When Michael stepped onto Spotless Stadium last Saturday he did so with little fan fare and even less recognition of the milestone that has taken him 9 years and 45 days to achieve, 200 AFL games. Michael becomes the 137th umpire to achieve the feat and only the 47th boundary umpire in the games history to come this far. However, what is even more remarkable is that Michael becomes only the 8th boundary umpire from interstate to reach the 200 game milestone.
The others in that category are also modern day miracles. Darren Wilson, Mark Thomson, Jonathan Creasey, Aaron Deckys, Nathan Doig, Amin Chehade and Jamie Giles.
Michael comes from an elite athletic background having attend secondary college at Ivanhoe Grammar in Melbourne. Michael was the under 18 Victorian 800 metre champion and he finished third in the same age at the Nationals. He took up umpiring as a way of earning some pocket money while going to university between athletic seasons. He never once contemplated umpiring as a sporting opportunity, despite realising that he probably wasn’t going to make it as a senior elite athlete. Michael spent two years with the VAFA before he contracted chronic fatigue syndrome and was forced to give away all exercise, including an opportunity to trial at VFL level. Every time he tried to make a comeback illness forced him out.
Michael went on to complete his university degree and took up an opportunity to get a graduate position with a Sydney based company in 2008. He moved to Sydney knowing nobody but decided to contact the Sydney umpiring group for more of a social opportunity. Former NSW/ACT State Umpire’s Manager, Graham Glassford, who himself was in an elite athlete program remembered Michael and gave him an opportunity to train with the group. After not running for two years Michael quickly found his feet and remarkably returned to a very good level of fitness. An observation from the then National Boundary Umpires Coach, Keith Norman and Umpire’s Manager at the time Jeff Gieschen’s knowledge of Michael through Ivanhoe Grammar, Michael found himself umpiring the Sydney FL grand Final in 2008 and being offered an AFL contract in 2009.
Fast forward to 2018 and we find a very grounded man, “I am loving the group and enjoying training. What constitutes success for me now is to get the best result I possibly can achieve and not just holding on to a spot on the list.”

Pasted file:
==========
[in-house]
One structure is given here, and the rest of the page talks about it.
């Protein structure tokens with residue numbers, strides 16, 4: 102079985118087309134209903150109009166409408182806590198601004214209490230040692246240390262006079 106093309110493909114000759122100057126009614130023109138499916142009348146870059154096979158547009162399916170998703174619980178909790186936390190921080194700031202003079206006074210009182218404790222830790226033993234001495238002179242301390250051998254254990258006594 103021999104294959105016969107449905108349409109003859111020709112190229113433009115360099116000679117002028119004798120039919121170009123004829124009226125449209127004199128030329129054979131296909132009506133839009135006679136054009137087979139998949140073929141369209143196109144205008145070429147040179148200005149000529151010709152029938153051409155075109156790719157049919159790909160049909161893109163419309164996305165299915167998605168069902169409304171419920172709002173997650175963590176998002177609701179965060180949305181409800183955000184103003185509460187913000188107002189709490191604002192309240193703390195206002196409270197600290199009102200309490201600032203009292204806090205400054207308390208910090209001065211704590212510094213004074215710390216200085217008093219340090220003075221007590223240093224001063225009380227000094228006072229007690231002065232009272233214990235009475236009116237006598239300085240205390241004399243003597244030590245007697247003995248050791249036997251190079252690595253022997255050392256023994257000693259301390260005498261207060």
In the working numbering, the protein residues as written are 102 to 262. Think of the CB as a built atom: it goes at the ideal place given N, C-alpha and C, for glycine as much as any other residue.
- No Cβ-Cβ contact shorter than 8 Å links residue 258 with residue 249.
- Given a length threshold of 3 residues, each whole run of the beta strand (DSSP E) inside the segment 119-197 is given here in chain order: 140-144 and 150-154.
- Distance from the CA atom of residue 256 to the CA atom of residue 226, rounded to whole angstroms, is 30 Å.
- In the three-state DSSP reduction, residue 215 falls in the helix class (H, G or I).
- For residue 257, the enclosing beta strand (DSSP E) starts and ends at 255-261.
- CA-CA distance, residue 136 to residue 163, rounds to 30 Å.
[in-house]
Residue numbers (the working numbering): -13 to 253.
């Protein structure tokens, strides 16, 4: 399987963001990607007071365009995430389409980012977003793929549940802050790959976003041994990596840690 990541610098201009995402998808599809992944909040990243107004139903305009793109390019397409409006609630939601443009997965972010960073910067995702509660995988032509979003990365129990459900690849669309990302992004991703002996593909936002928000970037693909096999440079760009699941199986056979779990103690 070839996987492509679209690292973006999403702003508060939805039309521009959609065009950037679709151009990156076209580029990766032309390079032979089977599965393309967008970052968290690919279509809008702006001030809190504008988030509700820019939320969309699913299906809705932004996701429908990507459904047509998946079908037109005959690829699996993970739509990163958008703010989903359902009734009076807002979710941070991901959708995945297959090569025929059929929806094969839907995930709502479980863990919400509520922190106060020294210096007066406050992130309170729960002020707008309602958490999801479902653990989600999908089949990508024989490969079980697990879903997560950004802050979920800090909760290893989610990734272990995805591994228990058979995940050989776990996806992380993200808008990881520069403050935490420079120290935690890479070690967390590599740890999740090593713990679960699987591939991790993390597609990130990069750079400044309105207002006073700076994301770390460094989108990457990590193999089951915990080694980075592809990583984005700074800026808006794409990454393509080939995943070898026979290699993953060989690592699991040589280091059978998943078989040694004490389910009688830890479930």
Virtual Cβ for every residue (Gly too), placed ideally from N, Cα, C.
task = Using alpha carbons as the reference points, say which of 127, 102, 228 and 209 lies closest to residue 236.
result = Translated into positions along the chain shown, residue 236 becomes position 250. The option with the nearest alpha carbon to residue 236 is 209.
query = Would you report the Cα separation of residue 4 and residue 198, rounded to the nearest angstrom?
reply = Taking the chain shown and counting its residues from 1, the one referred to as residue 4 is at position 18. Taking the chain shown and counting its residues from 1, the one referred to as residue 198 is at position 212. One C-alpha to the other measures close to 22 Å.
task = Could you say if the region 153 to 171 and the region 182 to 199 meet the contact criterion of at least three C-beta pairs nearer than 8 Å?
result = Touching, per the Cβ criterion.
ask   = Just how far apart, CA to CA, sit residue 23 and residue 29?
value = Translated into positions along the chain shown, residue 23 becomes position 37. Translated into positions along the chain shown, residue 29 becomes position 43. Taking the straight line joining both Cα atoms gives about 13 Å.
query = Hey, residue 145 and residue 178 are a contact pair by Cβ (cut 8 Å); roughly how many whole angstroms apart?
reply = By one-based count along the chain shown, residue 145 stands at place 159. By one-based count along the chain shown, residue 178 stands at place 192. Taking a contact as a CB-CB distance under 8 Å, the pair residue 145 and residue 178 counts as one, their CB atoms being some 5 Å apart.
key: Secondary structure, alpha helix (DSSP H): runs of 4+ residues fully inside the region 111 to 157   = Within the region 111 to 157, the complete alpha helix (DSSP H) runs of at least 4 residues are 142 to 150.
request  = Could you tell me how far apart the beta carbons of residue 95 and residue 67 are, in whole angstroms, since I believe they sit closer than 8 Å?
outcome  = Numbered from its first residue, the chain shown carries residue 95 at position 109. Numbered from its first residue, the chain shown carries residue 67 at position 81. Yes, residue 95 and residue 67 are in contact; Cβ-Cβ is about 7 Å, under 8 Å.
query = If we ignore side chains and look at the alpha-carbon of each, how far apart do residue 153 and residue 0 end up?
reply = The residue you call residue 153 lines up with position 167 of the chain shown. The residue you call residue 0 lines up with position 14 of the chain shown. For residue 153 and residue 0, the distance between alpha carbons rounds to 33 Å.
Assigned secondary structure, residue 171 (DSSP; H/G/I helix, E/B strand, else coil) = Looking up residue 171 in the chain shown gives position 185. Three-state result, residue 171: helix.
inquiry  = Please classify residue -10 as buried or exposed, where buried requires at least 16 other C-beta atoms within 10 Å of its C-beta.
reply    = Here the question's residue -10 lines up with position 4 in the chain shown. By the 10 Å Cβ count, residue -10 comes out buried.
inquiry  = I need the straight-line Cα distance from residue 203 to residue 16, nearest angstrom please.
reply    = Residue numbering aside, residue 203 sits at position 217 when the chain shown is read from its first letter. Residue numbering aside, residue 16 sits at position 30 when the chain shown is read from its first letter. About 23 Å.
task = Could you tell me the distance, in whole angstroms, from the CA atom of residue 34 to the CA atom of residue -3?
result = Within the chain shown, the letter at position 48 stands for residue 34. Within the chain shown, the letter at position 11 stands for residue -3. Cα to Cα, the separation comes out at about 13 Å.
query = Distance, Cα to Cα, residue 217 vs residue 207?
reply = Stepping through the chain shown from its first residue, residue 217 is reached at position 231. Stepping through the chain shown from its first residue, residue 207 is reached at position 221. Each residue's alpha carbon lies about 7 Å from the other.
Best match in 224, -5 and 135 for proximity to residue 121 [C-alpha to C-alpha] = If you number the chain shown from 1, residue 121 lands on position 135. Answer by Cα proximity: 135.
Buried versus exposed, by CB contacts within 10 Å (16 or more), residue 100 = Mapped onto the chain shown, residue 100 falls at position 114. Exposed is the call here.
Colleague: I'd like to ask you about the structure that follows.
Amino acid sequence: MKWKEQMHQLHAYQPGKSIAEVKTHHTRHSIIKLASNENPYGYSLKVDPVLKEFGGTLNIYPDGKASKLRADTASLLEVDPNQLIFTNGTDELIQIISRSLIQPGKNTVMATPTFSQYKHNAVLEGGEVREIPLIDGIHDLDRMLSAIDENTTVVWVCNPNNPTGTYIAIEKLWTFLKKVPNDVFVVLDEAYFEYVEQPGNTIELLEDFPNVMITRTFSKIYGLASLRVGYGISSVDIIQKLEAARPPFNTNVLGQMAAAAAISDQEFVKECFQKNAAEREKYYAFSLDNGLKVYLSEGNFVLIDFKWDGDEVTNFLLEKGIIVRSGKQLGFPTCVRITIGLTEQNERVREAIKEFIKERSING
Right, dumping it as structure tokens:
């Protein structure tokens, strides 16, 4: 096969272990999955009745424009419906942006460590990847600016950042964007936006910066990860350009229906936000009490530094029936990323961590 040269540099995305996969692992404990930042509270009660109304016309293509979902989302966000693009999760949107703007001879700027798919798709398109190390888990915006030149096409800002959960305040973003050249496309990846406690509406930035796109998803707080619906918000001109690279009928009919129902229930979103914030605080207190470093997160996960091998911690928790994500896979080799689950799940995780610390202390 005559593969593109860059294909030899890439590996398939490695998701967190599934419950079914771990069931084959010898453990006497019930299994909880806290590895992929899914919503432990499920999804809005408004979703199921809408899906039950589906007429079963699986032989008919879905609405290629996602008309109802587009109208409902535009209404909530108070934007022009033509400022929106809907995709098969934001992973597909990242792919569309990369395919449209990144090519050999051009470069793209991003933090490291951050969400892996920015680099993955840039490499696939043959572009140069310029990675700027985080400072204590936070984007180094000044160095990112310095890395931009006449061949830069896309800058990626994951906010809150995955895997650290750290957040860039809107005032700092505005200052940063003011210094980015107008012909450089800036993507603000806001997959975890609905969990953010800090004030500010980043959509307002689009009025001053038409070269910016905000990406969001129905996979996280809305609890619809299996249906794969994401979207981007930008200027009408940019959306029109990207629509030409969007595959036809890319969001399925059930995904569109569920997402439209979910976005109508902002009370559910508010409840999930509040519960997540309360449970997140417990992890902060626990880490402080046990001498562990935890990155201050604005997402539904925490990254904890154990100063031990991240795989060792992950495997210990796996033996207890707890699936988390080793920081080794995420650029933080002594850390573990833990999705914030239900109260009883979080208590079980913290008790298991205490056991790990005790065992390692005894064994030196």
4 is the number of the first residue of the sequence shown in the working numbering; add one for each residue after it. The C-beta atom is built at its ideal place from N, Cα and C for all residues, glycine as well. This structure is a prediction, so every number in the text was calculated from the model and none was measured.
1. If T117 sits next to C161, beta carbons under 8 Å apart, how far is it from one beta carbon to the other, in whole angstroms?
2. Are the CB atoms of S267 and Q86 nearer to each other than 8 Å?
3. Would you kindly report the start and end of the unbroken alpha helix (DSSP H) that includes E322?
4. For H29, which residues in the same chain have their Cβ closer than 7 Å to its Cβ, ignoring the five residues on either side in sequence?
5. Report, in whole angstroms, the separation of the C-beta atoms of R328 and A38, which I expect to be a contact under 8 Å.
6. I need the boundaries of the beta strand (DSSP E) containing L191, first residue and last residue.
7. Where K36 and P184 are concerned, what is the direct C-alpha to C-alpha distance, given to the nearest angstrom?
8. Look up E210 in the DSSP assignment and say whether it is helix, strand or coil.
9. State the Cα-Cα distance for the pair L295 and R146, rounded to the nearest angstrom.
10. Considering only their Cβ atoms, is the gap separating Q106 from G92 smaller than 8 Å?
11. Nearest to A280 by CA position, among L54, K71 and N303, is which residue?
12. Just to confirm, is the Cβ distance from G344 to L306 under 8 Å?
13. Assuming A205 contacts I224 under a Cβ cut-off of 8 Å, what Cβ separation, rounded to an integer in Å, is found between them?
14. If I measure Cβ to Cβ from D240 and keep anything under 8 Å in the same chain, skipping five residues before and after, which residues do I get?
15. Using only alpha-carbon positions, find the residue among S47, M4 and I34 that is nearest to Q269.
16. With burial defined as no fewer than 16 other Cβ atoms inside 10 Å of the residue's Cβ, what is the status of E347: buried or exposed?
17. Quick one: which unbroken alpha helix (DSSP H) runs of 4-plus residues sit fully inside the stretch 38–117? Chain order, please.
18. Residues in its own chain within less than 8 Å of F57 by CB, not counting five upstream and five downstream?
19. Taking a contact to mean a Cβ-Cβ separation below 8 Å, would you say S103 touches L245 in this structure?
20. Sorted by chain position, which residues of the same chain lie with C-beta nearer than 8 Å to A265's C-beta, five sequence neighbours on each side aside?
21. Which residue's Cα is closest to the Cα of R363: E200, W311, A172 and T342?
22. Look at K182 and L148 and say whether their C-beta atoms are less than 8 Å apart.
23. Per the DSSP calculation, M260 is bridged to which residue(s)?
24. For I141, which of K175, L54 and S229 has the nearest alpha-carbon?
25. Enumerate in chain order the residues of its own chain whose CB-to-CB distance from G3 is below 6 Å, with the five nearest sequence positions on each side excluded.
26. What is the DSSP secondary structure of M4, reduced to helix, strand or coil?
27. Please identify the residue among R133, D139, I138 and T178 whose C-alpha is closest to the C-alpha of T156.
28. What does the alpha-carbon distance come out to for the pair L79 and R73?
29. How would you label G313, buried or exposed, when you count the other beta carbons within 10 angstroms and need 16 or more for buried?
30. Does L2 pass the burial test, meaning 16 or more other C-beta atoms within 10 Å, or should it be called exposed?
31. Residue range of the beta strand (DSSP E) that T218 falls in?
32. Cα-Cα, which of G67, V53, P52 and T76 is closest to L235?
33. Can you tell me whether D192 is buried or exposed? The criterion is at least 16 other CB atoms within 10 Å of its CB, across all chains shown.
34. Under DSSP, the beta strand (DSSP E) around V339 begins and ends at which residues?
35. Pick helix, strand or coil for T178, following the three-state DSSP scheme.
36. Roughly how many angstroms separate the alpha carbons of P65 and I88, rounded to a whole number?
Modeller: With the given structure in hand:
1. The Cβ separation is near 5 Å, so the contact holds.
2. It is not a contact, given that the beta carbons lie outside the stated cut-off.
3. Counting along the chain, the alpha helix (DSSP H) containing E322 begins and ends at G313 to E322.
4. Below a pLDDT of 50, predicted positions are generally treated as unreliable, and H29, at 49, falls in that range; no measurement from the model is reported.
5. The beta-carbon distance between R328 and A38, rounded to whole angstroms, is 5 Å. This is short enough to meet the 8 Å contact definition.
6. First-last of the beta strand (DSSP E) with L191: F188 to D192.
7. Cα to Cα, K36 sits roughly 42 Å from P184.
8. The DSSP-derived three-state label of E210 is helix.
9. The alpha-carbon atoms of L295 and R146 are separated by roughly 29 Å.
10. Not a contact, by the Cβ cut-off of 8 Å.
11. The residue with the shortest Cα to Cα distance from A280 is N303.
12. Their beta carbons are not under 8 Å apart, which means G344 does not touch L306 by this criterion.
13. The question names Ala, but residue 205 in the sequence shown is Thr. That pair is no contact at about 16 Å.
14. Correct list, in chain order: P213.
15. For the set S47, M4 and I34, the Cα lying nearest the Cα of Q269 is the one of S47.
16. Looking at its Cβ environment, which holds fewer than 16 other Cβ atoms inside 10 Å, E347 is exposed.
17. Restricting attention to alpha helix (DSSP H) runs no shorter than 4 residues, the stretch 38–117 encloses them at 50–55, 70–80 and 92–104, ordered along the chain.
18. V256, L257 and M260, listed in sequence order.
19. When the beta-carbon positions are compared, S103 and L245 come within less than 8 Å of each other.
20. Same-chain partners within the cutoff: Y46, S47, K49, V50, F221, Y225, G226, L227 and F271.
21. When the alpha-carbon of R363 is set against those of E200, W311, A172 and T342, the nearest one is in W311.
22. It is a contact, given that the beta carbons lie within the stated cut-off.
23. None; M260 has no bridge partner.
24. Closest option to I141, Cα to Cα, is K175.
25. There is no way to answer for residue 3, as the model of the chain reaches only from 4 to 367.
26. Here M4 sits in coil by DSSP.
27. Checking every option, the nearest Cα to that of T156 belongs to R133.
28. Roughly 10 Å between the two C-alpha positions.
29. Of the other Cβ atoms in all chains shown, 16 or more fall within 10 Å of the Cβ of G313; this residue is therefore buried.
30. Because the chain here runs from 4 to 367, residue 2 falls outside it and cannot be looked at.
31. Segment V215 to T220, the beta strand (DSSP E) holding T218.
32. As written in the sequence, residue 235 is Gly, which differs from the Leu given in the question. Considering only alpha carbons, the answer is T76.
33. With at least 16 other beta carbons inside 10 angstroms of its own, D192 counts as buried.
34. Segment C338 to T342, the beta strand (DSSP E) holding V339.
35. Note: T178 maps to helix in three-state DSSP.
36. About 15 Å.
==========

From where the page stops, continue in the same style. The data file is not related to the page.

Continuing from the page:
In 2013, the year Michael achieved the ultimate prize, an AFL grand final he called it, “umpiring nirvana. Everything just clicked. 2011 was a breakout season and I got to a preliminary final, but I was just happy to be there. In 2012 I had a very good season and what I would call a good final series, but in 2013 I had a tailored approach with all of the resources the NSW umpiring group could throw at me including individualised training programs and whatever else I needed.” Michael recalled a game at Spotless Stadium where GWS was being beaten by 15 to 20 goals but he was smashing himself with a single-minded focus to take one more step and get the big one!
“The finals panels in that time were full of grand final umpires in the mix and so it was extremely tough to crack a spot on grand final day. I have umpired one grand final and five preliminary finals so I’ve had to develop a perspective on what is success. Even though you are naturally disappointed, there are 34 other guys who would love to be out there for these fantastic games”.
The pluses of being in Sydney are easy to list, “you run with the same guys each week so you build a fantastic camaraderie and friendships on a much deeper level. You get personalised attention from trainers, physio’s and all the support staff, because you are part of a small training group. Lastly, it is 16 degrees in winter when going to training, not 10 degrees.”
There must be some negatives? “It is a closed environment so you do miss out on some peer enhanced performance, and we are always battling for facilities. When I started we had Luke Roberts, Luke McSperrin and I as rookie boundary umpires along with a rookie Coach, Stewart Eckermann. Adam McDonald was our rock and helped us avoid any rookie errors. My improvement came from being appointed interstate to umpire, as Sydney only had one match per fortnight then. By getting that exposure to the top interstate umpires, we were able to see what the best umpires were doing and learned from them on match day.”
Michael was married last November in Hawaii. He comes into this season with a really good work, life, balance that puts everything into context and that simply permeates through the rest of his life.